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Ecclesiastes 1:2, 12–14; 2:18–23
Everything hinges in this week's reading on the meaning of the Hebrew word hebel, usually translated "vanity" (KJV and NRSV), "meaningless" (NIV and NIB), or "futility" (TNK). The word first appears in the Old Testament in Genesis 4 as the name of the second-born son of Adam and Eve, the younger son Abel. This Abel (hebel) is "disappeared" by his brother Cain, who, though he is the elder, disclaims any responsibility for "keeping" the life of his brother Abel. In Deuteronomy 32:21 we begin to see both the theological significance of the term and the sense that it has in the Wisdom Literature of the Old Testament (Job, Proverbs, and especially Ecclesiastes). In Wisdom literature hebel is understood to be the natural result of foolishness, so it is not surprising to find Israel's "vanities" (hablehem) and the words "a foolish nation" (goy nabal) used as synonyms in parallel phrases. Moreover, since the "fear of the LORD" is "the beginning of wisdom," it should not come as a shock that vanity and foolishness are closely associated with the opposite of the "fear of the LORD," i.e., idols (not-gods). Quite often hablehem (their vanities) is often translated as shorthand for "their worthless idols" (1 Kings 16:13, 26; 2 Kings 17:15; Isaiah 57:13; Jeremiah 2:5, 8:19, 10:8, 14:22, 16:19; Jonah 2:9; Psalm 31:7). The pursuit of folly, which ends in futility, is idolatry.
Vanity is naught, nothing, nihil, and not. It is the tohu wabohu of pre-creation. It is the opposite of being, the opposite of full life.
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- having beauty and charm, which are fleeting and deceitful (Proverbs 31:30)
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- having a so-called ally who does not (or cannot) come to your aid when you are attacked (Isaiah 30:7; Lamentations 4:17)
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- working hard, toiling, laboring, spending your last bit of strength and energy, without seeing any result (Isaiah 49:4, note that in this case the "backstop"/insurance of payment is the LORD; if the LORD comes through, then the labor has not been in vain, though it may seem so now)
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- trusting in that which the moth eats, things that rust and decay (Psalm 39:12)
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- living as if this life were the reality and substance, though all of its hustling and bustling, to-ing and fro-ing is a mere shadow of existence, living as phantoms (Psalm 39:7, 144:4)
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- piling up stuff without any way of knowing who will benefit; showing distinction between high and low class; robbing others; getting a buck the lazy way (Psalm 39:7, 62:10-11, Proverbs 13:11, 21:6)
(Image source, http://images.oprah.com/images/tows/200909/20090910/20090910-tows-hoarding1-290x218.jpg; see Buried in Treasures)
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- continuing to argue or trying to prove one's innocence after a verdict has been rendered (Job 9:29, closely related to the notion above of "toiling in vain")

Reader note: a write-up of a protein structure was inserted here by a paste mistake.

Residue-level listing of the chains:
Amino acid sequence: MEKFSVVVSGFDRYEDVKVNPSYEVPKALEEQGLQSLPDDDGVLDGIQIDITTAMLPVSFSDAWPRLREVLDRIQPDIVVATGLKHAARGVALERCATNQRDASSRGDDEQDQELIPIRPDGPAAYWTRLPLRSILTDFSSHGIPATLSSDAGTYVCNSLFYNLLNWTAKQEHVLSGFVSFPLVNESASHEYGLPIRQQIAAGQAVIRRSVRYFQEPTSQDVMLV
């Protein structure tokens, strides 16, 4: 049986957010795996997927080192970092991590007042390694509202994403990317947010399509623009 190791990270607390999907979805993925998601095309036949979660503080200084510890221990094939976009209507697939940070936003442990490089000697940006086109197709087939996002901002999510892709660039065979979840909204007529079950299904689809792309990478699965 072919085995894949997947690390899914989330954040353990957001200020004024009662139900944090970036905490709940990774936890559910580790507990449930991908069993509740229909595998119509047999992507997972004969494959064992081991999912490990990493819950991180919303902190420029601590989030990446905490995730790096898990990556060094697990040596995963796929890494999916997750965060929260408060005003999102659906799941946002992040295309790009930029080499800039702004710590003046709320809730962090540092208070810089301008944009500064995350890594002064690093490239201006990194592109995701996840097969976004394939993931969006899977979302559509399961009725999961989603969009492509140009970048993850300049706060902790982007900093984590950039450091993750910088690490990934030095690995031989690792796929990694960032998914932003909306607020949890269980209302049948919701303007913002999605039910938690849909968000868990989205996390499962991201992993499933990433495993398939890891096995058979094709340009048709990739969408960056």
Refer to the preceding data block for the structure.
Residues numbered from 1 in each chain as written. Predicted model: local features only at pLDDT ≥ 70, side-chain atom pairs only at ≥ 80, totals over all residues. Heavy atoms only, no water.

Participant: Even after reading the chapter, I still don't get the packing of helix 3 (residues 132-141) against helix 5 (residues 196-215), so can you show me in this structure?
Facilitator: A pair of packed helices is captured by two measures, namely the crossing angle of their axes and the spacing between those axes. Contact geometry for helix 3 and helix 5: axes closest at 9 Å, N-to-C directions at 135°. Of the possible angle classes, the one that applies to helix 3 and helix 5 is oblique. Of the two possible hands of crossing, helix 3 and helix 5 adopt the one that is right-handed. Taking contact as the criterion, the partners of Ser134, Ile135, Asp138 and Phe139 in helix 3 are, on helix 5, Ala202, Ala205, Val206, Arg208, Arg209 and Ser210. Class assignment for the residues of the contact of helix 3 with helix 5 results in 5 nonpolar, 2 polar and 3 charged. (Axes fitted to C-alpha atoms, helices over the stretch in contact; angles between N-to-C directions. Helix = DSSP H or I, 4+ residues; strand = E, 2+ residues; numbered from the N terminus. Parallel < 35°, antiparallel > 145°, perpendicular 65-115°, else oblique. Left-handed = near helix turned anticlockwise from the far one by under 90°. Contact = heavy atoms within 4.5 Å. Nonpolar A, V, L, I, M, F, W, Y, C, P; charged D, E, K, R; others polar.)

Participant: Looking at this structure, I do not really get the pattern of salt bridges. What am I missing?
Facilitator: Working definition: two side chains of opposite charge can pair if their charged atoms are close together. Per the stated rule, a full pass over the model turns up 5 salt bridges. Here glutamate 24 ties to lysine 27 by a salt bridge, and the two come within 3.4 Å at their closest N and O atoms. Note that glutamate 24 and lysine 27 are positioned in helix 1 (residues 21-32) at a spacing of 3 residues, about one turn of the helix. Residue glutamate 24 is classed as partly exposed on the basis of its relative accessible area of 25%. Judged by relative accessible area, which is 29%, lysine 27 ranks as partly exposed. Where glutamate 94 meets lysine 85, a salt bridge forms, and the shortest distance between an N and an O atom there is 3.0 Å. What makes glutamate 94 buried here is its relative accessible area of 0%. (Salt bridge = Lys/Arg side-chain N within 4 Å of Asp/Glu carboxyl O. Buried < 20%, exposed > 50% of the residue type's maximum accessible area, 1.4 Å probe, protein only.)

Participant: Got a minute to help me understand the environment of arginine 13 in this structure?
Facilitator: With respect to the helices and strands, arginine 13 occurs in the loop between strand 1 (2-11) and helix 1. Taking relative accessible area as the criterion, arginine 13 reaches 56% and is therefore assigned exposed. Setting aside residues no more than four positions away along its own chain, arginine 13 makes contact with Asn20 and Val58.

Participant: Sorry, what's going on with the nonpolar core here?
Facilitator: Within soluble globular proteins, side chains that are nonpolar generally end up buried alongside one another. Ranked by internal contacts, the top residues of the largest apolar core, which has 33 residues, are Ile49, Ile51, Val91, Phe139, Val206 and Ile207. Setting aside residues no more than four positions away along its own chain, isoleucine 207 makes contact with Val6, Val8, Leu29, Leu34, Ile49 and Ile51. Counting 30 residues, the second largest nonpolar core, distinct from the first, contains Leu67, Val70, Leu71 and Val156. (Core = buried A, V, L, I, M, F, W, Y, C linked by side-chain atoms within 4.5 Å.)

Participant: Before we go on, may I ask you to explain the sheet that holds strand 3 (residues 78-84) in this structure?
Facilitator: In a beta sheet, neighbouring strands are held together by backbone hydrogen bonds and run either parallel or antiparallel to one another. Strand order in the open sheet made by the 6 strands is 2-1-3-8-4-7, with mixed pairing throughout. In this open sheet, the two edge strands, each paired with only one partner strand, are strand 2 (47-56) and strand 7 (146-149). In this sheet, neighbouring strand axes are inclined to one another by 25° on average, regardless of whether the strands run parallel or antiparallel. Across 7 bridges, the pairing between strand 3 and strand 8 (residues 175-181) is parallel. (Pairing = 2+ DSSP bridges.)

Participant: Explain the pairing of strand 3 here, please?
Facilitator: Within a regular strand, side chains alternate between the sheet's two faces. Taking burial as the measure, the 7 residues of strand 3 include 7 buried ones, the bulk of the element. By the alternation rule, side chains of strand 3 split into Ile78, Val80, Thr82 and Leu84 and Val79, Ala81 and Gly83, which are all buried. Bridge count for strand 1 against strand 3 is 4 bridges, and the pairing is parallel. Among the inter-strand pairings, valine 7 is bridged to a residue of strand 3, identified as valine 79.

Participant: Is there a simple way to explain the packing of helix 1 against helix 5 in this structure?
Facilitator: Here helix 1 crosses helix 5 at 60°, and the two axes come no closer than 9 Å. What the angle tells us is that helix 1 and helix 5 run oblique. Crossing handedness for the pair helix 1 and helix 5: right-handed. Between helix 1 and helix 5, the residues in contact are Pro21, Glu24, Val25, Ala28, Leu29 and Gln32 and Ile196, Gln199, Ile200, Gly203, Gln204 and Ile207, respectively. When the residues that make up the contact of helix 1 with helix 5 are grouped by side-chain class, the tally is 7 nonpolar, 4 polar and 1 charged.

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- telling lies or babbling nonsense, words of comfort offered to someone who is inconsolable, pseudo-wisdom or advice from someone who does not know anything (Zechariah 10:2; Job 21:34, 27:12, 35:16; Proverbs 21:6)
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- having a vision, hope, or promise that comes from your own head--going our own way, following our own thoughts and designs (the human imagination)--rather than from the mouth of God (Jeremiah 23:16; Psalm 94:11)
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- one's life (hebel, "a breath"; or tephach, a "handbreadth") in contrast to eternity or "in the sight of God" (lo' le`olam, "not for eternity"; Job 7:16, Psalm 39:6)
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The word hebel, vanity-meaningless-futile-worthless, occurs in some 30 separate verses in the space of twelve chapters in Ecclesiastes. We need only read the second verse to understand the conclusion reached by the preacher/teacher, Qohelet: all is vanity. Life is a zero sum game, for wise person and fool alike. There is no difference in the end (12:8). Whether pleasure (2:1) or work (2:11), no overall profit to distinguish one from the other (2:15).
At first glance, Jesus is a kindred spirit to Qohelet. He refuses to be exalted as arbitrator. He cautions against greed and accumulation of wealth, using Old Testament Wisdom to ask: after you have died, "whose then will these things be that you have prepared for yourself?" He points to the "Lilies of the Field" (think of dandelions!) and the birds of the air as recipients of God's provision. We too may count on God to provide, releasing us from every concern save one, striving for the kingdom of God (12:31 = being "rich toward God"). [But don't worry, even about this, for it is the Father's "good pleasure" to give you the Kingdom. 12:32] Of what does that kingdom for which we are to strive consist? The gospel of Luke has a few answers: 13:20, 18:17 (children) and 18:24 (those who are poor).